Gould (2010) stated that from a psychological and neurological perspective, addiction is a disorder of altered cognition. Restoration of altered cognition would be essential in working with the addiction memory. von der Goltz and colleagues (2009) conjectured   that disruption of drug-related memories may help to prevent relapses. Growing evidence from preclinical and clinical studies concur that specific treatments such as extinction training and cue-exposure therapy are effective (von der Goltz & Kiefer, 2008).

Recent researches suggest that EMDR is a potent therapeutic method to treat addictions. Addiction memory could be considered as a form of an unprocessed memory. Unprocessed memories stored in networks that govern explicit and implicit memories. EMDR helps to process unprocessed memories stored in networks. EMDR involves the transmutation of dysfunctionally stored experiences into an adaptive resolution (Solomon et al., 2008).
EMDR reprocessing sessions promote an associative process that clearly reveals the intricate connections of memories that are triggered by current life experiences (Shapiro, 2014). EMDR may be used to ameliorate the effects of earlier memories that contribute to the dysfunction, potential relapse triggers, and physical cravings. In addition, EMDR is used to incorporate new coping skills and assist in learning more adaptive behaviors (Shapiro et al. 1994).
Wide arrays of experimental studies are supportive of a working memory explanation for the effects of eye movements in EMDR therapy (de Jongh et al., 2013). EMDR therapy is guided by the adaptive information processing (AIP) model (Shapiro, 2014). Levin, Lazrov & van der Kol,k (1999) found increased activation of the anterior cingulated gyrus and of the left frontal lobe after 3 sessions of EMDR treatment. Brain scans have clearly demonstrated pre-post changes after EMDR therapy, including increases in hippocampal volume, which have implications for memory storage (Shapiro, 2012).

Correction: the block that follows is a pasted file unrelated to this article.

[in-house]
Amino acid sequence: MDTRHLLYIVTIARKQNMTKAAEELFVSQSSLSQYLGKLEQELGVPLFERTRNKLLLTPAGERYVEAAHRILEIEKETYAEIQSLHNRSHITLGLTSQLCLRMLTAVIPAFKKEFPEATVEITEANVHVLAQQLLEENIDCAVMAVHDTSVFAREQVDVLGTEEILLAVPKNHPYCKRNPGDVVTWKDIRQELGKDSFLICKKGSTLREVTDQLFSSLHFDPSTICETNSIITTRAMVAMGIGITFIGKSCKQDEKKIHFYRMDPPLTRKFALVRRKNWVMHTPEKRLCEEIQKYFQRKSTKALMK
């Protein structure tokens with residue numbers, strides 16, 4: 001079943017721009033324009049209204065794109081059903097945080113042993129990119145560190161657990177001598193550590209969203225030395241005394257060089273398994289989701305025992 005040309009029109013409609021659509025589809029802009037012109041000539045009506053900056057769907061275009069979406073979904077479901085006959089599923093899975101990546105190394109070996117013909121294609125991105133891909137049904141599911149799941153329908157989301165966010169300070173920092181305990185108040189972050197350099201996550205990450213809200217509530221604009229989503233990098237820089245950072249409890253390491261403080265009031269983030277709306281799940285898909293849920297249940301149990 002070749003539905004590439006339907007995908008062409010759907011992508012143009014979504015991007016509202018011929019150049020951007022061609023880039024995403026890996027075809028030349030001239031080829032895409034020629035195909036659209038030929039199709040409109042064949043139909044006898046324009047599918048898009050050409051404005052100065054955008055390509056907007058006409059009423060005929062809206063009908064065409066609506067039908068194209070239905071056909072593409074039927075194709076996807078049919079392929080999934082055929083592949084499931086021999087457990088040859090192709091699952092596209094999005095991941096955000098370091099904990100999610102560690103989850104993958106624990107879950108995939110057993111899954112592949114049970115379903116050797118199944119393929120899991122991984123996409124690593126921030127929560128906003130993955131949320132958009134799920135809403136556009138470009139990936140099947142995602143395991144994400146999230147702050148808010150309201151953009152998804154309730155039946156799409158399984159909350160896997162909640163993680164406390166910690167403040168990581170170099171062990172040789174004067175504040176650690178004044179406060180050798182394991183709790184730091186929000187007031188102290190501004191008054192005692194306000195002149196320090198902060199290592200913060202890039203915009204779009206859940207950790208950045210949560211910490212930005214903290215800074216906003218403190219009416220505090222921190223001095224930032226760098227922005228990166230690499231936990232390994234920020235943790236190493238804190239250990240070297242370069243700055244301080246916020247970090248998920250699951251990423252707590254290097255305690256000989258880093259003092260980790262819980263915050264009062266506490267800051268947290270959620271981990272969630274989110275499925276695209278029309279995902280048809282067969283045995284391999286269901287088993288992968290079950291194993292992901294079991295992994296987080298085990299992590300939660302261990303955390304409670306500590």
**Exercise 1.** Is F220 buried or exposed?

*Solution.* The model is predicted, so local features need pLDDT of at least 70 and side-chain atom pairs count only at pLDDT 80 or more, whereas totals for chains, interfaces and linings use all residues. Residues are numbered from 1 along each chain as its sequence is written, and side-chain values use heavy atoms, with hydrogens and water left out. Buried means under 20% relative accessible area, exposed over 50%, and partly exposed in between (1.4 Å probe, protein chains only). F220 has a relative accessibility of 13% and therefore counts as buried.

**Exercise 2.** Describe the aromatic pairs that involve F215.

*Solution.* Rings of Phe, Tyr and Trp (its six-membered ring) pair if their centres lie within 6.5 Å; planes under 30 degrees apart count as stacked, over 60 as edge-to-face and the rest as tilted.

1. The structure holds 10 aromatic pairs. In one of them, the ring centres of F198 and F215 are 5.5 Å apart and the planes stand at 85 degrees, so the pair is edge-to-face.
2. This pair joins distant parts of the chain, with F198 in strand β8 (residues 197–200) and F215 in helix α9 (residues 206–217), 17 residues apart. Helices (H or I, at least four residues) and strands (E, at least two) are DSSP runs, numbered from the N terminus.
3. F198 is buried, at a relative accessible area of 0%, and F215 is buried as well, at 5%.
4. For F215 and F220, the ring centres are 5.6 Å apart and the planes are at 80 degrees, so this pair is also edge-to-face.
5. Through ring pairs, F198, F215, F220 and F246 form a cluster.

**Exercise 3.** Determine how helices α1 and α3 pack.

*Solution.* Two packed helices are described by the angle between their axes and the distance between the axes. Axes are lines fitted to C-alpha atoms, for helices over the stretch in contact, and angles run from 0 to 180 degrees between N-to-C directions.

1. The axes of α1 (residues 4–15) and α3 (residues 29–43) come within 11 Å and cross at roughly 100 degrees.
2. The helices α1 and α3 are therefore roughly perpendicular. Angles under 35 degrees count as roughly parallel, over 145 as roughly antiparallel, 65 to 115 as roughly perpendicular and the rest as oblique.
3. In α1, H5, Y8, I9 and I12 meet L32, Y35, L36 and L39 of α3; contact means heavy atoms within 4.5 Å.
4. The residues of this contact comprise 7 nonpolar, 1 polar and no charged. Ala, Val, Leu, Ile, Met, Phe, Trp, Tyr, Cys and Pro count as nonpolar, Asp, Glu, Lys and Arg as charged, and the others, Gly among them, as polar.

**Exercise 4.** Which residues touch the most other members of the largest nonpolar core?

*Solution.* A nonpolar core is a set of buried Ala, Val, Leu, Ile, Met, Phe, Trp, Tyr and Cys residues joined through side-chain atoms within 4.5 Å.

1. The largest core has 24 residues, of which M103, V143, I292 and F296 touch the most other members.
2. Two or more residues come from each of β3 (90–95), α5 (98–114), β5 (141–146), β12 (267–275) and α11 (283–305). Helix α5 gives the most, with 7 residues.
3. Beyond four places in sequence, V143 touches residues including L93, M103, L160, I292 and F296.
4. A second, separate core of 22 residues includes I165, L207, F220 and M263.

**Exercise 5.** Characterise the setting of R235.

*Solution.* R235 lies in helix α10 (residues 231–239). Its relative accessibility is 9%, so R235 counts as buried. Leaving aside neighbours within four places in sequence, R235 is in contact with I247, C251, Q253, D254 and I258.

As reviewed by Andrade and colleagues (1997) EMDR reduces the vividness of distressing images by disrupting the function of the visuospatial sketchpad (VSSP) of working memory. Cecero& Carroll (2000) considered drug cravings as a form of disturbing thoughts and they used EMDR to reduce cocaine cravings.
Young, Zangwill,   and Behary,   (2002) proposed combination of Schema-Focused Therapy (SFT) and Eye Movement Desensitization and Reprocessing (EMDR) would give effectual results processing dysfunctional memories. According to Young , Klosko & Weishaar (2003) Schema-Focused Therapy is an integrative form of psychotherapy combining cognitive, behavioral, psychodynamic object relations, and existential/humanistic approaches.  Schema-Focused Therapy helps to modify individual’s maladaptive thoughts about self and others and process the emotions connected with schemas, teach coping skills and break maladaptive behavioral patterns (Young et al., 2003).

Addiction is a chronic, relapsing brain disorder. Addiction related behaviors are complex and these behaviors are strongly connected with the memory system.  Formation Addiction Memory helps to maintain the addictive behavior and drug seeking craving. It becomes a component of personality. Therefore working with addiction memory could be challenging. Reduction in maladaptive schema, restoration of drug related altered cognitions help to combat addictions. Pharmacological and Psychological interventions proved to be effective in working with addiction memory. Among the psychological interventions Cognitive Behavior Therapy (CBT) Eye movement desensitization and reprocessing (EMDR) and Schema-Focused Therapy (SFT) seem to be useful in treating addiction memory.